Writing has always been equal a passion as drawing and I have written many short stories, poems, scripts, lyrics and various comical essays.
The advantage of being a cartoonist as well, is that you can combine the two to great effect.
Here’s a short story which was published in More Tonto Short Stories last year.
We met at The Accident Prone Society Annual Dinner and Dance. Always a messy affair. I’ve been going for three years now and it always seems to consist of a group of awkward people dancing in their dinner. I can never work out why the organisers book the same ballroom, up three flights of stairs. Either they have a strange sense of humour or they get a commission from medical supplies companies. At this event ‘tripping the light fantastic’ had another meaning.
Mary caught my eye immediately. Fortunately, I had some Optrex on me. I asked her to dance. It started off okay but then a chair decided to join us swiftly followed by a curtain and curtain rail. I can’t remember how we ended up in the caretaker’s supply room but Mary looked fetching with a bucket on her head while I found the mop handle down my trousers a little uncomfortable.
“Would you like to come in for coffee?” she asked as the car’s airbags deflated.
I was thrilled. “I’d love to.” This was my first proper date for ages. The last time, the sudden interruption by the sprinkler system had dampened my ardour.
Picking our way through the debris, Mary showed me down to her basement flat. “I really ought to get that loose railing fixed,” she said as we examined our cuts and bruises at the bottom of the steps.
“Never mind,” I said. “I always carry Savlon and Elastoplast.”
“So do I!” she gasped. “We’re so alike!”
I settled down on the settee while Mary scalded herself in the kitchen.
“Could you use any help?” I called through.
“Well, yes. The biscuits are on a shelf out of my reach. Could you get them for me?”
Like a knight to the rescue of a fair damsel, I tripped over the runner and somersaulted through the louvre doors into the kitchen. One of the doors swung back and clouted me on the head. “Oh dear,” said Mary. “Sorry.”
“Not your fault, Mary,” I said manfully. “Now, where are these biscuits?”
“They’re on the top shelf, there, above the sink.”
The kitchen was tiny so I had to proceed with great care, stepping up onto a three-legged stool right behind Mary who was engaged in a titanic struggle with kettle, teapot and boiling water.
I could steady myself with my fingertips on the edge of the shelf while leaning my right knee against the kitchen sink.
“My goodness, what a lovely mosaic,” I said, catching sight of the bit of wall above the sink. “Did you do it yourself?”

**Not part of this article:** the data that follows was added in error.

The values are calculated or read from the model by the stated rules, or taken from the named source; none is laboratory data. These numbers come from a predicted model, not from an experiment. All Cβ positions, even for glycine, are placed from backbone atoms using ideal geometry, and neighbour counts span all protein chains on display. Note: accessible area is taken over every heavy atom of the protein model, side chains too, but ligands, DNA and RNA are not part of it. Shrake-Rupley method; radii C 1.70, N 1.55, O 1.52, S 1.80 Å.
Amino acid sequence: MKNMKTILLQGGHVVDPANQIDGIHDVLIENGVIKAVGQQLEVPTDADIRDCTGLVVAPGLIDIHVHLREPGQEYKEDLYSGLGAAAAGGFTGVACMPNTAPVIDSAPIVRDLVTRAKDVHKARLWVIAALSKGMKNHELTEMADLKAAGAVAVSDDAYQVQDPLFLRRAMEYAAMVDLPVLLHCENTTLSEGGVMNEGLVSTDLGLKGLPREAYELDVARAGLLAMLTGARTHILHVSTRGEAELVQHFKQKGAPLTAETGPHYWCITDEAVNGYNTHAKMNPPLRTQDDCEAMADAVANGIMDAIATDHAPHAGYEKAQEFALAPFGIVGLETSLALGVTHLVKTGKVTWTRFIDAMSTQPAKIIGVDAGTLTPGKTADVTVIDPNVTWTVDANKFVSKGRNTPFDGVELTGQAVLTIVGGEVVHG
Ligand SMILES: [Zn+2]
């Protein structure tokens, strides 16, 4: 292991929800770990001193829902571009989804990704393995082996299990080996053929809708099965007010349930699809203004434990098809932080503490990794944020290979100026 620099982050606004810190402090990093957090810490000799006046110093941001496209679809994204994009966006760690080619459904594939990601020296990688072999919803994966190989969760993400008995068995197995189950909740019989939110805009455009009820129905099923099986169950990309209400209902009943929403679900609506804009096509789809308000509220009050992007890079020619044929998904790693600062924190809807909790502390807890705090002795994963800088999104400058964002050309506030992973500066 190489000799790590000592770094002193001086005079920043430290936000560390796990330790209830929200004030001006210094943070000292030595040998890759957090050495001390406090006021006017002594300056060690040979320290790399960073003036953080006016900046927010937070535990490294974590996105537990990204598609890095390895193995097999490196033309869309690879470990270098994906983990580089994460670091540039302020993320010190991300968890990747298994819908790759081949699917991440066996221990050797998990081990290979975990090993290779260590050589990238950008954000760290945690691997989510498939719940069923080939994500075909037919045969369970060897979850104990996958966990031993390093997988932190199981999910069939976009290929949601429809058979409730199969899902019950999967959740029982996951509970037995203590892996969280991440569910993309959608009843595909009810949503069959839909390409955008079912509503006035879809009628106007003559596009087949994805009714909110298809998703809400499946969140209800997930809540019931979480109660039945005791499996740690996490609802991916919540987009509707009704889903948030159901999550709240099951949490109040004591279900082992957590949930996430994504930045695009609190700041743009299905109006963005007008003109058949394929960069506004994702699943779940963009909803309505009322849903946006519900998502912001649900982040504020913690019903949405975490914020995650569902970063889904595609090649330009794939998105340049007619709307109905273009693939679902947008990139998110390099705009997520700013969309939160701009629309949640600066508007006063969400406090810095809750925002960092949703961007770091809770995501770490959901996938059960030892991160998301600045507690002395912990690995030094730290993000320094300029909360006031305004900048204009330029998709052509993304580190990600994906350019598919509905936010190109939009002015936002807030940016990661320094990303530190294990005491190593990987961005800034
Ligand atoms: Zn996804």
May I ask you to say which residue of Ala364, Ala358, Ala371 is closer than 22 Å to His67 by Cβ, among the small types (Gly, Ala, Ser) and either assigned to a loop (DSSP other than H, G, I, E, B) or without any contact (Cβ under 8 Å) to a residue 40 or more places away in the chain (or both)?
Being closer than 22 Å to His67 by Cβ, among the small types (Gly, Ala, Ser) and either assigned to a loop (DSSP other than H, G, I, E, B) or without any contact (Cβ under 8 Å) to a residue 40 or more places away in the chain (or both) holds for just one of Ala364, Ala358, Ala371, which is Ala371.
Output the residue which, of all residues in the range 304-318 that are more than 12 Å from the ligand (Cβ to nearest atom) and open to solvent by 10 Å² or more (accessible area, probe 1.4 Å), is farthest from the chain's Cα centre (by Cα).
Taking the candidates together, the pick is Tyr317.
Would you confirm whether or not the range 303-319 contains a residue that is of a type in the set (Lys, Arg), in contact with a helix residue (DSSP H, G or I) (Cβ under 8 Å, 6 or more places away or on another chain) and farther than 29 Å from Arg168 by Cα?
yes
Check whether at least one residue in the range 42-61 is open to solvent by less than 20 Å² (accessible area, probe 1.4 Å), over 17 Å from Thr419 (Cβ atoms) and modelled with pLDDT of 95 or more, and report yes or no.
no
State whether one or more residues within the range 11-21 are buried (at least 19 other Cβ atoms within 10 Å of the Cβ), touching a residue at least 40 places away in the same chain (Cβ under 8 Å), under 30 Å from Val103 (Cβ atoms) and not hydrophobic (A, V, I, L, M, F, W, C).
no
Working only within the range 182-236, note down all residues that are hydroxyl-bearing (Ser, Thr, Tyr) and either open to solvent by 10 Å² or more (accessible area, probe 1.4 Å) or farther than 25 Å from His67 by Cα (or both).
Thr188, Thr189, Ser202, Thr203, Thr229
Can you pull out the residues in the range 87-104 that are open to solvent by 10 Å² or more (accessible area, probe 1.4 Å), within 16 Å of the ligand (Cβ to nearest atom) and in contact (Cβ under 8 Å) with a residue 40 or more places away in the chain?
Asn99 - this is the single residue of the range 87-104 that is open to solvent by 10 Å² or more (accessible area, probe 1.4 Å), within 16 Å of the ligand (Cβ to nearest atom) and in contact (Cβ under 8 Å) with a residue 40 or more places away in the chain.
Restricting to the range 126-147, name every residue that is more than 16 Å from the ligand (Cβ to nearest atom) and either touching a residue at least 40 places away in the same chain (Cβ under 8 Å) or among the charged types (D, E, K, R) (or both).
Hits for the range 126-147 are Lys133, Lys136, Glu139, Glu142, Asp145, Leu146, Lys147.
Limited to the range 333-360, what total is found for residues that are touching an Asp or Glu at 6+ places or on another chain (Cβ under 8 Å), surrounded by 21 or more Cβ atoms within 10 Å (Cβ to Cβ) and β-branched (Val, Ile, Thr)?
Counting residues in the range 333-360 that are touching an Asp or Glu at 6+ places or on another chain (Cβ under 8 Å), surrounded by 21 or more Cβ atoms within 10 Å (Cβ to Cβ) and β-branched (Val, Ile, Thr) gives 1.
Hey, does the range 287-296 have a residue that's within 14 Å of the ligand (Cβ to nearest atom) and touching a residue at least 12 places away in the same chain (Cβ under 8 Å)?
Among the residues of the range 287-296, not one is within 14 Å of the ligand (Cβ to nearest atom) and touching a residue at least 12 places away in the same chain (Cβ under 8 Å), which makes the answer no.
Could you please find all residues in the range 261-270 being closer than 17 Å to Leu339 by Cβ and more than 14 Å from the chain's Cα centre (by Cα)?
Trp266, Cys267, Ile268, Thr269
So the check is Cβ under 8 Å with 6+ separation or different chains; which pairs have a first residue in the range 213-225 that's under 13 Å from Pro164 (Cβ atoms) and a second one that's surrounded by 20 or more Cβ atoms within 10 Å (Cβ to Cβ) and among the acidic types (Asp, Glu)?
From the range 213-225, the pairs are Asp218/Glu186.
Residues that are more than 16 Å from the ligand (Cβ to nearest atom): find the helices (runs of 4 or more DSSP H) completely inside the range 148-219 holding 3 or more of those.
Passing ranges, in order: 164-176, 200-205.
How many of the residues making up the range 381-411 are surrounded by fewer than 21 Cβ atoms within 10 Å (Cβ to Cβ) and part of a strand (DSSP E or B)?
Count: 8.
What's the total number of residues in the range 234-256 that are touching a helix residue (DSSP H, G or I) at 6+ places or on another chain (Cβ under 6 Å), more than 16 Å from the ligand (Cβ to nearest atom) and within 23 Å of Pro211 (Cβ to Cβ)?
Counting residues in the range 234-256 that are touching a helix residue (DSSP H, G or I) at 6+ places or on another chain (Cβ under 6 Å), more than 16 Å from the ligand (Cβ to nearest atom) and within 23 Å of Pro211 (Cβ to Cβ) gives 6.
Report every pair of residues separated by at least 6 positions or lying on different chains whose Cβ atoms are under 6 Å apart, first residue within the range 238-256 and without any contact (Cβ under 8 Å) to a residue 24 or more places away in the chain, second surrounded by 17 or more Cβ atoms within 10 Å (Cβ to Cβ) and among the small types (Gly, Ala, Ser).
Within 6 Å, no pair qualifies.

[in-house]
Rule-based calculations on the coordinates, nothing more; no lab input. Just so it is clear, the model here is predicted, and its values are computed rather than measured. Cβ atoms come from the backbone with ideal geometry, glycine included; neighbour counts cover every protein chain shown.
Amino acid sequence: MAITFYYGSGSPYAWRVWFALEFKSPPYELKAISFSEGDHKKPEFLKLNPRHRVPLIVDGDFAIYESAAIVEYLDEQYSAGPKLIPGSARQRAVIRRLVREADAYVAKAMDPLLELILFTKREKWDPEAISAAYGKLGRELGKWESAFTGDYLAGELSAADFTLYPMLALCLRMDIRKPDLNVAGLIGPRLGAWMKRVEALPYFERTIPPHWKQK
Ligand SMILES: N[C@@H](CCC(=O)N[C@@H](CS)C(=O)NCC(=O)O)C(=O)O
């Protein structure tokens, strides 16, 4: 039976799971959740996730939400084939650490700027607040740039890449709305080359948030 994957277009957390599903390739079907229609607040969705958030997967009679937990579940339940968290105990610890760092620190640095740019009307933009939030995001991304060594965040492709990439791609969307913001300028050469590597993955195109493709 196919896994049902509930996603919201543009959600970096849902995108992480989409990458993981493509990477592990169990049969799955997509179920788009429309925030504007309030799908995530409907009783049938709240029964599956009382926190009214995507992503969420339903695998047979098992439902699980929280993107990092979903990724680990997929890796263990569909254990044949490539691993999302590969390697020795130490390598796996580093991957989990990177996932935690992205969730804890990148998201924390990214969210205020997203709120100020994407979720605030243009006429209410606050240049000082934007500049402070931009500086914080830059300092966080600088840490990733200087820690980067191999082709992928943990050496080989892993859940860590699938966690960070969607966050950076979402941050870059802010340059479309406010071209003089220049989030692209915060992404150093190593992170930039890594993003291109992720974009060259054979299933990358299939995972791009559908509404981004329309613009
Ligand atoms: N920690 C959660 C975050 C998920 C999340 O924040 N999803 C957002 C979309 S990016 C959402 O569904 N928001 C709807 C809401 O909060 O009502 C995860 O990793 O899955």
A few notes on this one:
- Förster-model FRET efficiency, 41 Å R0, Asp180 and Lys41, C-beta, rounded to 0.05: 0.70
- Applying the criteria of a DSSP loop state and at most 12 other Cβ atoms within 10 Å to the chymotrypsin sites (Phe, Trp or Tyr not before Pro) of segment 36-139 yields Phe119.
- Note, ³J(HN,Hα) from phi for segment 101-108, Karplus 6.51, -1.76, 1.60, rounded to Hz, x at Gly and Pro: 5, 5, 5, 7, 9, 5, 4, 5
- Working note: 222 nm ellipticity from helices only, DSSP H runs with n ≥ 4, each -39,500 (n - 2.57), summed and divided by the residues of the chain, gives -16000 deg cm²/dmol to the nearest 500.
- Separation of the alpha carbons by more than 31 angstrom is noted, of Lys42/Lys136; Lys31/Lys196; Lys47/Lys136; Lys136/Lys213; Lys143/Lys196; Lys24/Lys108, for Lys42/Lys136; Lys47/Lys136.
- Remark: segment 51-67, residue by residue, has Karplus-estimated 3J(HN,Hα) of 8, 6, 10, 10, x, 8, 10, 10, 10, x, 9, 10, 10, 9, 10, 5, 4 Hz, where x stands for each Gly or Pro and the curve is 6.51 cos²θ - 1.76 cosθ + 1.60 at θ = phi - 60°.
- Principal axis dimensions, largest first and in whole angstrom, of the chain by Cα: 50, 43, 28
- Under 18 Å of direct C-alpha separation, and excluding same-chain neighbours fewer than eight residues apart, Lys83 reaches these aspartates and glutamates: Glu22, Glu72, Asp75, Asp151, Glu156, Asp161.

“Yes,” said Mary. “But it wasn’t meant to be a mosaic. It was my first attempt at tiling.”
As I stretched up towards the biscuits, the first thing to go was the stool. My left foot swung backwards, burying my left foot in Mary’s groin. She gasped and bent forward, jamming the teapot spout down the back of my belt, pouring its boiling contents down my trousers. With Mary clinging onto both legs, the shelf was going to collapse in any second and I didn’t want to fall on top of her, so I levered my right knee into the sink and managed to direct the shelf full of biscuits, tinned fruit and strawberry jam behind my head, hoping that most of it would miss Mary, as I propelled my body through the tiny window. I only got half way through. Thankfully it was not double glazed and broke quite easily. My legs were stuck in a sink full of washing up and my upper body and arms were dangling out into the tiny space between the neighbouring buildings. The taps found parts of my body I never knew I had. A battered and sticky Mary was draped over my backside with her hand down my trousers trying to extract the teapot. This would have been just the right moment for the vicar to call but fortunately this was real life, not a farce.
“Well, I didn’t really feel like biscuits anyway,” said Mary as she applied the thirty-ninth plaster to my face. We now almost matched eachother with the range of surgical dressings on our faces and bodies.
We had managed to make a safe retreat to the living room and had settled for glasses of cold water instead of tea or coffee.
“Best to be on the safe side,” I said.
“That’s what I always say,” she said. “We’re so alike!”
Mary had a lit a couple of candles and placed them on the coffee table for atmosphere. I reckoned I was in with a chance.
All of a sudden, she pushed me backwards on the sofa and pressed her body against mine. My head was hanging off the end near the coffee table.
“I’ve heard them talk about you down at the Society,” she purred, pushing her face closer to mine. “Apparently you’re really hot stuff.”
“Well, you know,” I blushed. “You might find yourself playing with fire.”
“I think you might be right,” she squealed as I pulled her closer. “Your hair’s burning!”
There’s always something, isn’t there? I thought morosely as I ran to the toilet and doused my flaming head in the bowl. The toilet seat came crashing down and I accidentally flushed the cistern.
“Thank you,” called Mary. “I forgot to flush it the last time I went.”
We decided to call it a night. “I’ll call you,” I told her as I staggered up the steps.
As I walked home, I wondered what the lads back at work would make of it. We were always swapping our stories of romantic conquests. Anything to make life a little less boring at Sizewell B’s Department of Health and Safety.
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